InstantCrypt: First, we need to discuss what “safe” means. In encryption, safe is not an absolute concept. With unlimited computing power, unlimited financial resources, and unlimited time, every encryption can be cracked. Also, every so often a “weakness” of GPG or PGP is discovered, that is, a possible route to cracking their messages. As far as I could see, most (maybe all) of these weaknesses were rather theoretical, that is, only applicable in certain unlikely cases or reducing the theoretical decryption time from many million years to only half as much or so—-that is, these weaknesses had no real practical implication for encrypted messages. Another development is that as computers become more powerful, methods that used to be secure in the past are not secure any more.
This is the down side: there is no absolute security. On the up side, however, is the fact that we do not need absolute security! Consider this: almost all secrets only have value for a certain amount of time: do you really need your love letters, industrial secrets, military operations, or whatever, to be secret in 1000 years? Probably not. Knowing this, the real definition of “safe” is: an encrypted message is safe if any conceivable adversary is not able to crack the encryption with available computing power and available financial resources within the limited time that the encryption of the message is of any value to you or to the adversary.
How does InstantCrypt do within this definition of safety?
A message encrypted by InstantCrypt is encrypted with the GPG encryption engine, which uses PGP encryption algorithms. Thus, InstantCrypt’s message are as secure as GPG and the PGP algorithms. And at this time, GPG and the PGP algorithms are considered to be secure in the above defined way, i.e., a text or file thus encrypted cannot be read by someone who does not have access to the key for which it was encrypted (even with all the world’s computer power and within reasonable time, as explained above). This includes, to the best of my knowledge, private or government agencies that have access to the currently available most sophisticated methods.—-But maybe the American NSA has a secret way of cracking PGP code that nobody knows about? Possible! But as far as I know, most experts seem to think that this is unlikely.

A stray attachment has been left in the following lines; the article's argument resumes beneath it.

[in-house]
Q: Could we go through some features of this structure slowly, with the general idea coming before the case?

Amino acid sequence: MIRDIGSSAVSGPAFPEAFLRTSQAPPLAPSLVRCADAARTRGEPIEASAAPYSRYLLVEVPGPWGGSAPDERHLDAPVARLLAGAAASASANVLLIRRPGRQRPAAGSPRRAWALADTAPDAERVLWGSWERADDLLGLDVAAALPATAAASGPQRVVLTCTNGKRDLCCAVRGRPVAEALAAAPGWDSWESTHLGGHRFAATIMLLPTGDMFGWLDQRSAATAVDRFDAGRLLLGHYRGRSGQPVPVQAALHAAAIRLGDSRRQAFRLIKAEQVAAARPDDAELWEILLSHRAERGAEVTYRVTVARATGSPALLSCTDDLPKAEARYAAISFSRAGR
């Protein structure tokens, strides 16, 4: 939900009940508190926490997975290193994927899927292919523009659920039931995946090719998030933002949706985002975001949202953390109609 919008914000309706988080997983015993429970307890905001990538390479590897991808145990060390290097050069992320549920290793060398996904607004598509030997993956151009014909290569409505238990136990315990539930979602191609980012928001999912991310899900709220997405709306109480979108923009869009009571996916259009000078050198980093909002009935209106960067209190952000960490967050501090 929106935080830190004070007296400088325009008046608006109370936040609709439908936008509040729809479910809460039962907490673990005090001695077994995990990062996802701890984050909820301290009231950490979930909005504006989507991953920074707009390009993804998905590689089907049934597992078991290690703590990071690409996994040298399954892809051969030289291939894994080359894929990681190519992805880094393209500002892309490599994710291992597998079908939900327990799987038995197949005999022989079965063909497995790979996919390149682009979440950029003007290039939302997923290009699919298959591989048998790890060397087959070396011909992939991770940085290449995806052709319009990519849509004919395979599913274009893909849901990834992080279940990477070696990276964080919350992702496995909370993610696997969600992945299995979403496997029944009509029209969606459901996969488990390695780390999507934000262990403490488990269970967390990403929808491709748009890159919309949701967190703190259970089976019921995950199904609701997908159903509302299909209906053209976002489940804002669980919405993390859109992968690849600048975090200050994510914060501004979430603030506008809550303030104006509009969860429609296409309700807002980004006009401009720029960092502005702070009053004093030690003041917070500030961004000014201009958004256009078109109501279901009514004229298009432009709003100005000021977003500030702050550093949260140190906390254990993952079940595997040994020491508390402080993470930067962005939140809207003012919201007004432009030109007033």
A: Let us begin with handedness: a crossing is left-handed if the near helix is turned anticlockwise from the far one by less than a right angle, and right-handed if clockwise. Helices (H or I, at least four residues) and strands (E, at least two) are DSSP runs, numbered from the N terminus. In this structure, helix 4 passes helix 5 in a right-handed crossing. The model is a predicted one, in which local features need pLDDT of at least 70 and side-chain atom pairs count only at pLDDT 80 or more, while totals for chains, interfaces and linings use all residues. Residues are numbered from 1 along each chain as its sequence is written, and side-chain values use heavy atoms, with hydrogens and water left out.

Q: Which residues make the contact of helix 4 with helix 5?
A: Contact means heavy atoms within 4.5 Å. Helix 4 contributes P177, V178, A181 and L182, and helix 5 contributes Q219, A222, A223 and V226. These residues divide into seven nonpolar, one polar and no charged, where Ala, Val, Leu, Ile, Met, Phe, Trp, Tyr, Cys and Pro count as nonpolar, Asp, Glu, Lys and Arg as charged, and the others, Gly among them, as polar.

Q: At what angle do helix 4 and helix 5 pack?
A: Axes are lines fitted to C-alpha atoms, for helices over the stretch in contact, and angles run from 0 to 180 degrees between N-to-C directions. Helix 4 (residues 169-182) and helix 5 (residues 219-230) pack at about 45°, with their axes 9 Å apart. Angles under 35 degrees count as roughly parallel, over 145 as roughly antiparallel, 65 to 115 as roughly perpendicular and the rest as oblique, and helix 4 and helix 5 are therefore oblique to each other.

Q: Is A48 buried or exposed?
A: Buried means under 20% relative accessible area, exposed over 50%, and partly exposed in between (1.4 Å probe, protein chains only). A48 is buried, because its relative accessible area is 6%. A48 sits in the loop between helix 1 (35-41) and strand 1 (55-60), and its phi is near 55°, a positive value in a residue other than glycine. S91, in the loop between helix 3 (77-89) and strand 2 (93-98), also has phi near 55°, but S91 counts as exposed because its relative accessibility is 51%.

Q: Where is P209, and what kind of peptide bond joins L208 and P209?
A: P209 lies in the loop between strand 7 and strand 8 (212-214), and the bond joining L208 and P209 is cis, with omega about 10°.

So, now that you know that “safe” does not point to absolute security but to security as discussed above, my answer is: to my best knowledge, InstantCrypt is safe. That is, to my best knowledge, messages encrypted by InstantCrypt cannot be read by a snooper who intercepted your encrypted message. And to my best knowledge, although there currently exist other equally safe methods, measured by practical standards there are no really safer methods available than the PGP algorithms used by GPG and InstantCrypt.
(Be aware that I cannot be legally liable for this statement; there is a rest of uncertainty that we all have to live with. The only certainties are, as we all know, death and taxes!)
Postscriptum: Because decrypting the messages themselves is rather impossible, people who want access to your secrets will most likely try indirect methods, such as: try to get access to your computer, try to get access to the encryption key, try a man-in-the-middle attack, or try a bland impersonation. (Some of these methods and how you can protect yourself are explained in InstantCrypt’s helpfiles, by the way.) So, if you have secrets so valuable that people might put considerable effort in discovering them, be sure your keys are well protected, make sure you really verify the owners of the keys you receive, and absolutely secure your computer. You may very well need a computer security expert to do this right.
FW Editor: How can you describe Instant Crypt in just a few words? Why?
InstantCrypt: InstantCrypt is a program encrypting text and files with the PGP encryption algorithm. It is designed mainly for use with e-mail and Web mail; it was developed with an entry-level user (this is a friendly word for “beginner” in the field of encryption) in mind.
FW Editor: What is your favorite Instant Crypt feature and why?
InstantCrypt: All features are designed to work together to give a good user experience, so I should really not have a favorite. Nonetheless, one feature that I am quite proud of is the way it facilitates the export of encrypted messages into Web mail. I do not know any other program that does that.
FW Editor: Now, to end our small interview, is there any message you would like to send to Instant Crypt users?
InstantCrypt: Use it! Send feedback! Spread the word!
About this interview